Torgeir Alvestad, a researcher from the University of Gothenberg in Sweden, has written a fascinating thesis paper based on studying the play of two and three-year olds. He finds that children this age are able to negotiate during play. In these negotiations they demonstrated invention, creativity, enthusiasm, industry, involvement, activity and problem-solving strategies.
The results show that children’s negotiations form part of their play, and that these negotiations have a clear purpose: to agree on both how they can be together in their play and the content of their play.
The results of the study show that young children’s negotiations during play vary, depending on whether the negotiations originate in agreement or disagreement. In negotiations that stem from agreement – in other words the children are agreed that they will share their play – the play features efforts by the children to understand their friends’ perspective as well as playful development of the imagination. However, negotiations arising from disagreement involve play that is more about power, domination and manipulation.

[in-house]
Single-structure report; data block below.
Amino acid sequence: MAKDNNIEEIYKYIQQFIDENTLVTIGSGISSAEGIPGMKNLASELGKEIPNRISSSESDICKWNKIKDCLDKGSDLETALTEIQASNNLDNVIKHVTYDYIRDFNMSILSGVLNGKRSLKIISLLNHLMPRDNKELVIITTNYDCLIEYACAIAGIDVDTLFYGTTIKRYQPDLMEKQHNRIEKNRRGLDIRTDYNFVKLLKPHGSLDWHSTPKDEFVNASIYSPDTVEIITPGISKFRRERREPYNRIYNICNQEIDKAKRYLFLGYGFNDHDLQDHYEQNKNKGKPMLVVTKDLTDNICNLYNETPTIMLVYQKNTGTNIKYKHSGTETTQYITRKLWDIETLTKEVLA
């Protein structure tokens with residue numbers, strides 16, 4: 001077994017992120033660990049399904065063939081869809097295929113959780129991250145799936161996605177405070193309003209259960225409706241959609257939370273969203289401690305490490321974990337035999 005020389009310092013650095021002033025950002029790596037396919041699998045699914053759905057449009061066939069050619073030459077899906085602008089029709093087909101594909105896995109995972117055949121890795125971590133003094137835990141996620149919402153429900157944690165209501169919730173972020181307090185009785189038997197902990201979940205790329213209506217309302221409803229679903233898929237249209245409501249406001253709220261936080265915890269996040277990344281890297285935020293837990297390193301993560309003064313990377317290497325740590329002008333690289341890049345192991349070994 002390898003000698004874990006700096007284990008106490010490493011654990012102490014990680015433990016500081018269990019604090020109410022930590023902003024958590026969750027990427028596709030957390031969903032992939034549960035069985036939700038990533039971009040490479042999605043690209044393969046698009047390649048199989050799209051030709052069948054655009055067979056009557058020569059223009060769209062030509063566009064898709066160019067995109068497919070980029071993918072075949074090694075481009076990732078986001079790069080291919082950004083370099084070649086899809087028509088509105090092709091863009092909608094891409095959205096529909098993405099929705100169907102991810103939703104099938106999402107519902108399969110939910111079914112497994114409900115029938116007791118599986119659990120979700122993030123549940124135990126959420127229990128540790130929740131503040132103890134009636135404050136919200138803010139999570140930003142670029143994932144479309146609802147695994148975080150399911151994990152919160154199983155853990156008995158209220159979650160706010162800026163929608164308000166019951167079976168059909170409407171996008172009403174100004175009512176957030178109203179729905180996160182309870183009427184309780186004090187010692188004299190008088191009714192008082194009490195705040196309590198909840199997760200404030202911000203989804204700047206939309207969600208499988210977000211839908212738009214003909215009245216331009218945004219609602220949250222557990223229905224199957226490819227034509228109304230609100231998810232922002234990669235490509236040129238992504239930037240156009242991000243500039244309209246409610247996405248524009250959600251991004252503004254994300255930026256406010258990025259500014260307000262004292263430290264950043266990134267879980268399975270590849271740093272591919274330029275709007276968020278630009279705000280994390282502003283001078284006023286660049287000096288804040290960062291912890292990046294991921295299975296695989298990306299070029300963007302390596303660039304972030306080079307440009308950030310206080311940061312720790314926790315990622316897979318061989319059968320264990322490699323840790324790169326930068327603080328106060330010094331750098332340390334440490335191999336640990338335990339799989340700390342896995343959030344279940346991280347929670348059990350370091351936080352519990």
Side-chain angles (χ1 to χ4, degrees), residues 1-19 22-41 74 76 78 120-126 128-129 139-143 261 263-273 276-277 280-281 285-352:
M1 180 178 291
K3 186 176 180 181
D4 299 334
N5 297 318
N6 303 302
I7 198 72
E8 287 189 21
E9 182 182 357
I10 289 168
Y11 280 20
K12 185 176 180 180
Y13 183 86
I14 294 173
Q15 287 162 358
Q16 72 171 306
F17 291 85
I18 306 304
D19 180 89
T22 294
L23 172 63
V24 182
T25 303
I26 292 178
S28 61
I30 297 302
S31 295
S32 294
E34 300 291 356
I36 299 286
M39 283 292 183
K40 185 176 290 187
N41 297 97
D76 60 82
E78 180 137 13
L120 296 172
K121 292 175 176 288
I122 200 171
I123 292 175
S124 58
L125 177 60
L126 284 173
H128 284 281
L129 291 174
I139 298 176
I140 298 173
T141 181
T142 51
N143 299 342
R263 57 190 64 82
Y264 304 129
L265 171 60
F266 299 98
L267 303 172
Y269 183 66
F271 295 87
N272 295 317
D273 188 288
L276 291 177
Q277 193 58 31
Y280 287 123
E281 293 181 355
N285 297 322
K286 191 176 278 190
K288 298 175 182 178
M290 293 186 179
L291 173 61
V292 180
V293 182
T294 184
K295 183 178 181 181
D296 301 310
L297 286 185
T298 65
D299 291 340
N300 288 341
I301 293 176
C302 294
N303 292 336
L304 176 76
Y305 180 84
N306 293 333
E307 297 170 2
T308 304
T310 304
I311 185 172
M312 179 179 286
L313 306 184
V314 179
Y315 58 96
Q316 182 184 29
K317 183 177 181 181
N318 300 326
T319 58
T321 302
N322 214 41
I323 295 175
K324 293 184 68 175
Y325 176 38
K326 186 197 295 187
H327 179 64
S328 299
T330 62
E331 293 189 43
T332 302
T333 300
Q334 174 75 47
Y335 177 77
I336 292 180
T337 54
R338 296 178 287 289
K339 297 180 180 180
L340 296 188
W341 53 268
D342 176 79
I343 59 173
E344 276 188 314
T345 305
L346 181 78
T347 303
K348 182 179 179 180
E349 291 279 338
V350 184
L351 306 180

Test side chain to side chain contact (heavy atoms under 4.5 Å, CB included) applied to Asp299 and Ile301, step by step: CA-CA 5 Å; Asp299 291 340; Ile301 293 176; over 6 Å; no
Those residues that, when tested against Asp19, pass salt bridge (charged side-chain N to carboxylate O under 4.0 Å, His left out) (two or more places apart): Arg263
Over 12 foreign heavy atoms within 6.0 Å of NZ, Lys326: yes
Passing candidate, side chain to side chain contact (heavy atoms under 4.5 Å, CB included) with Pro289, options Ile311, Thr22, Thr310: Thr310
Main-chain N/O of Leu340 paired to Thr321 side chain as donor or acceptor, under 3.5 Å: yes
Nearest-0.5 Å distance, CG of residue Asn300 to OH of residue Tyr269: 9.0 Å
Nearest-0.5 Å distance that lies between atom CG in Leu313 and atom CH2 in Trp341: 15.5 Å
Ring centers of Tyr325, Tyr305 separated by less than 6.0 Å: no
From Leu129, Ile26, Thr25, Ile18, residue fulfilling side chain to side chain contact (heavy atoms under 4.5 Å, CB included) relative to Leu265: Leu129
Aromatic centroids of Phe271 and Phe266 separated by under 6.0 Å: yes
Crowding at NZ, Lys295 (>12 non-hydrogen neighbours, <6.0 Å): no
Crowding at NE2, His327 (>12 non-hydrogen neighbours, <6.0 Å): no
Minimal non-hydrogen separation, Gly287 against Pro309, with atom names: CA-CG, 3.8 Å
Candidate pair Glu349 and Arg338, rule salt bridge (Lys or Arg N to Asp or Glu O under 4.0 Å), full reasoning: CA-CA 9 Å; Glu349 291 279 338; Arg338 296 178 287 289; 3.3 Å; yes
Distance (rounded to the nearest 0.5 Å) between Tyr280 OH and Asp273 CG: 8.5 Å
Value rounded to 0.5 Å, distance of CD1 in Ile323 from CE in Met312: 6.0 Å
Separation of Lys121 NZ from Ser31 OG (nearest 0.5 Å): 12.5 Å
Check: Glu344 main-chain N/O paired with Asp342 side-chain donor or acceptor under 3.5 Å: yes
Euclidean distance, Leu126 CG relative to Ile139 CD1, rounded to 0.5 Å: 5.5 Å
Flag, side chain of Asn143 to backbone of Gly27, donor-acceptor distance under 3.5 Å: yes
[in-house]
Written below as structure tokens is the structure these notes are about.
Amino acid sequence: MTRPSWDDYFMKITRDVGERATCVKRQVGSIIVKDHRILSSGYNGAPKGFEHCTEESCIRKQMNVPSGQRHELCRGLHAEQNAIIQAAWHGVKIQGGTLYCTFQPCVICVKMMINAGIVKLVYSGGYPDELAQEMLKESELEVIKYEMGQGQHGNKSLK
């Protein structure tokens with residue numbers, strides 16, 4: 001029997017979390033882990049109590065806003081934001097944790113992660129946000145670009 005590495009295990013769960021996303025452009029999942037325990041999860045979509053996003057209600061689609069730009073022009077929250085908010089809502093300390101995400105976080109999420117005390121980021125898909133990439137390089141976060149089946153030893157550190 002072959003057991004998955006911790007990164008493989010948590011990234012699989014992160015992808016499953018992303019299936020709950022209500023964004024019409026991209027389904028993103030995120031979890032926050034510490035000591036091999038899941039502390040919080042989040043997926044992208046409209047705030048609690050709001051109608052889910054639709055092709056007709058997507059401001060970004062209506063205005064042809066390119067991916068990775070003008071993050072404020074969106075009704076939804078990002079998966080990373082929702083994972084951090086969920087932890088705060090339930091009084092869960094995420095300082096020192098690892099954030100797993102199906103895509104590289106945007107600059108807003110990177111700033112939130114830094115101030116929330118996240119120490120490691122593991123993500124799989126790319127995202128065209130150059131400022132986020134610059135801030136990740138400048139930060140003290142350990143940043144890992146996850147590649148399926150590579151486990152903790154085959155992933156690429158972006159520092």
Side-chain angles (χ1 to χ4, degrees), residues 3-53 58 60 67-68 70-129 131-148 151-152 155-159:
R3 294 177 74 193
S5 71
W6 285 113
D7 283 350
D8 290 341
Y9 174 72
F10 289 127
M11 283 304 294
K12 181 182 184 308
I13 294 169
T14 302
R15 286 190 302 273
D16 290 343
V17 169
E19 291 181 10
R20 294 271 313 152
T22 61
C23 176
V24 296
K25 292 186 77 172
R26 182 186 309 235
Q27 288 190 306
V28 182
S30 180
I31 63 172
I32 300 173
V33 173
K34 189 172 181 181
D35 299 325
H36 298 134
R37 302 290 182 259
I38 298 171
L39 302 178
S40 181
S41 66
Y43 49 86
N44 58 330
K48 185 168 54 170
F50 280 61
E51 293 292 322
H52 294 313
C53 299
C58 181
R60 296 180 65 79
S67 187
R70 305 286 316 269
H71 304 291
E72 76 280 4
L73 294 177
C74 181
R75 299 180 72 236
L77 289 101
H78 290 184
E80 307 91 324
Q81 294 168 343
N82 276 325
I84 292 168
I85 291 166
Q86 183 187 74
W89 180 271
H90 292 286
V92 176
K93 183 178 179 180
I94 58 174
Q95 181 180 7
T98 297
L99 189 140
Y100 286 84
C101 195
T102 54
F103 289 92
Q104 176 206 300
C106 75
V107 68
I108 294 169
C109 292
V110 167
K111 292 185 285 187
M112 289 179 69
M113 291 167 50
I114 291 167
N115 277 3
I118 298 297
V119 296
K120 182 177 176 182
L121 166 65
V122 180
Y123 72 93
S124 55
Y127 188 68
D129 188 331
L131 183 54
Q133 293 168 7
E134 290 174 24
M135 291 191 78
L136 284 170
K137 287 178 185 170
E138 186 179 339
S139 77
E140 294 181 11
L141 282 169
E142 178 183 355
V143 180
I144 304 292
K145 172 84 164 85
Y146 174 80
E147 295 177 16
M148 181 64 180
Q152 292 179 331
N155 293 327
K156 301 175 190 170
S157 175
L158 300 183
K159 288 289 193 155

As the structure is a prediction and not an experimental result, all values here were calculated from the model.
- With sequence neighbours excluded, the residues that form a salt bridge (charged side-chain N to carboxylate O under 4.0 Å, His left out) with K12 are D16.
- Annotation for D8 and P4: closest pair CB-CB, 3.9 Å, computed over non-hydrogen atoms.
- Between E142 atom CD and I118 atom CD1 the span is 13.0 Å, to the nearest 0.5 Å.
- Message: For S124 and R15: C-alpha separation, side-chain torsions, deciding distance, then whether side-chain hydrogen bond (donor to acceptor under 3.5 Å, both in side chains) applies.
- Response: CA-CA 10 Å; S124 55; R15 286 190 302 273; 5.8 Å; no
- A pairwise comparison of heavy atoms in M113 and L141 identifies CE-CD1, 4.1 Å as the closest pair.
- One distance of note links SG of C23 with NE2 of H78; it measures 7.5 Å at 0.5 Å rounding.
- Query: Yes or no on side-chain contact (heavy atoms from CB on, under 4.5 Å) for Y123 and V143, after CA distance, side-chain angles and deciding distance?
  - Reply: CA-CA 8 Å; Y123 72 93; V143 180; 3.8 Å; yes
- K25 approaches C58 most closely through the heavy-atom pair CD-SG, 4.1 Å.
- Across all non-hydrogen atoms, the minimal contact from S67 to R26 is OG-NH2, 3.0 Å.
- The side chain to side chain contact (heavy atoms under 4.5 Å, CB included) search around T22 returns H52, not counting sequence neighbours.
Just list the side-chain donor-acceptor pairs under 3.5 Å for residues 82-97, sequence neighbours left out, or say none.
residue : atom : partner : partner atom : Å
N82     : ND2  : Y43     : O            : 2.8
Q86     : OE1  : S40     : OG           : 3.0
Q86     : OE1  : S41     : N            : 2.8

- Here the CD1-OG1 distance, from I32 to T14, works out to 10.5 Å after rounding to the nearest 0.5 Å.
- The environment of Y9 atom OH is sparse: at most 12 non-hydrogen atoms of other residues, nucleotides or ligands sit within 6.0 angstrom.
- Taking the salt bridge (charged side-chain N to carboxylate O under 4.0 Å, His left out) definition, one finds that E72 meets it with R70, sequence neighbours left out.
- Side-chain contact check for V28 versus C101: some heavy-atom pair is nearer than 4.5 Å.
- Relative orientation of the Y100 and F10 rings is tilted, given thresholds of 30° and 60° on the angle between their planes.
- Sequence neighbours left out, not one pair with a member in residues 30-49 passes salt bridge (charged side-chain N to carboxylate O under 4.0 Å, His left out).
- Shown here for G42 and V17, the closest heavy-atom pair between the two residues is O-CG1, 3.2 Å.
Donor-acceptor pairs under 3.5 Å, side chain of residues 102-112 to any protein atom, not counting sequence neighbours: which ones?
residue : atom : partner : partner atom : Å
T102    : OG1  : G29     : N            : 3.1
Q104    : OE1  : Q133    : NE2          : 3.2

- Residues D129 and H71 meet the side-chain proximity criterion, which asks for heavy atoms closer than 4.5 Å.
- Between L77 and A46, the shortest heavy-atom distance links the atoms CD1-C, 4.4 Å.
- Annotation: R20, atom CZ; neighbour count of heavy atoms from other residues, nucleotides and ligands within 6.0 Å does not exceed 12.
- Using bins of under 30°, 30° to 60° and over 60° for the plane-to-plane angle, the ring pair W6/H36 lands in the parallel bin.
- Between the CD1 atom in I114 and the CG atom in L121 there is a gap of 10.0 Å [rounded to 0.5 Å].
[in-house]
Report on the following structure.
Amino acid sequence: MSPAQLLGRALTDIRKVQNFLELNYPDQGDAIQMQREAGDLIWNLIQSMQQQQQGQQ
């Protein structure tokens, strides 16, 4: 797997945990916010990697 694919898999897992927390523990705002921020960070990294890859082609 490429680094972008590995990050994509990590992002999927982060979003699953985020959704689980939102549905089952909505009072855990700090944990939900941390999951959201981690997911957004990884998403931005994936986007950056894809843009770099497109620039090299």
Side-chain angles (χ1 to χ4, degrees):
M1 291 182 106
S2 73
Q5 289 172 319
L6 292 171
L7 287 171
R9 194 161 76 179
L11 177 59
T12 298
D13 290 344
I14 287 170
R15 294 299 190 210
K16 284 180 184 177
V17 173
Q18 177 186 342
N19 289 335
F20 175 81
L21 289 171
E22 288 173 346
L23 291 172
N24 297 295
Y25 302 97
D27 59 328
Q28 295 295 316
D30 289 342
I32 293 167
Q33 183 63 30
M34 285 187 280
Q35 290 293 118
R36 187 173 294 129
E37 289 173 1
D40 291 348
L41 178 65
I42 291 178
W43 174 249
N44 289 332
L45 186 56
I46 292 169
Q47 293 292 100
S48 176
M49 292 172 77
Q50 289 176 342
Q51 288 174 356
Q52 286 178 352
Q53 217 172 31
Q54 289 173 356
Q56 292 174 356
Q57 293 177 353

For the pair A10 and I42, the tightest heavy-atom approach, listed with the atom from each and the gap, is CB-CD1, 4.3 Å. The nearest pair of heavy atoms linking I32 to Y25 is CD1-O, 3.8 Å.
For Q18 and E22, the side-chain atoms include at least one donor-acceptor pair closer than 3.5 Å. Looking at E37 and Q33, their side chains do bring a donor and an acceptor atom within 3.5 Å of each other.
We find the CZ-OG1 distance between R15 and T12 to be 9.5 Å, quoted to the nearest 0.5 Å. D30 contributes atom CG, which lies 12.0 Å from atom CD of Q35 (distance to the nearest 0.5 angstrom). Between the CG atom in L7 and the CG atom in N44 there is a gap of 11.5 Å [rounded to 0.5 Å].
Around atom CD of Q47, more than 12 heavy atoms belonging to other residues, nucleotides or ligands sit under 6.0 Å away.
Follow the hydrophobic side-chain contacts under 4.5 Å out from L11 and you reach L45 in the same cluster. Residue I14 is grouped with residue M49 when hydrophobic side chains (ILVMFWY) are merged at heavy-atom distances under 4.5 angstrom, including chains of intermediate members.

“A pedagogical consequence of the results is that adults shouldn’t intervene too early in children’s negotiations,” says Alvestad. “Just give the children time! Negotiations fit in well with the curriculum’s talk of children’s participation. “What’s more, adults shouldn’t intervene thinking that there’s a conflict between the children, as it is frequently a negotiation that’s happening, which requires a different approach.”
University of Gothenburg (2010, June 24). Young children are skilled negotiators, Swedish research finds. ScienceDaily. Retrieved June 29, 2010, from https://www.sciencedaily.com /releases/2010/06/100621101206.htm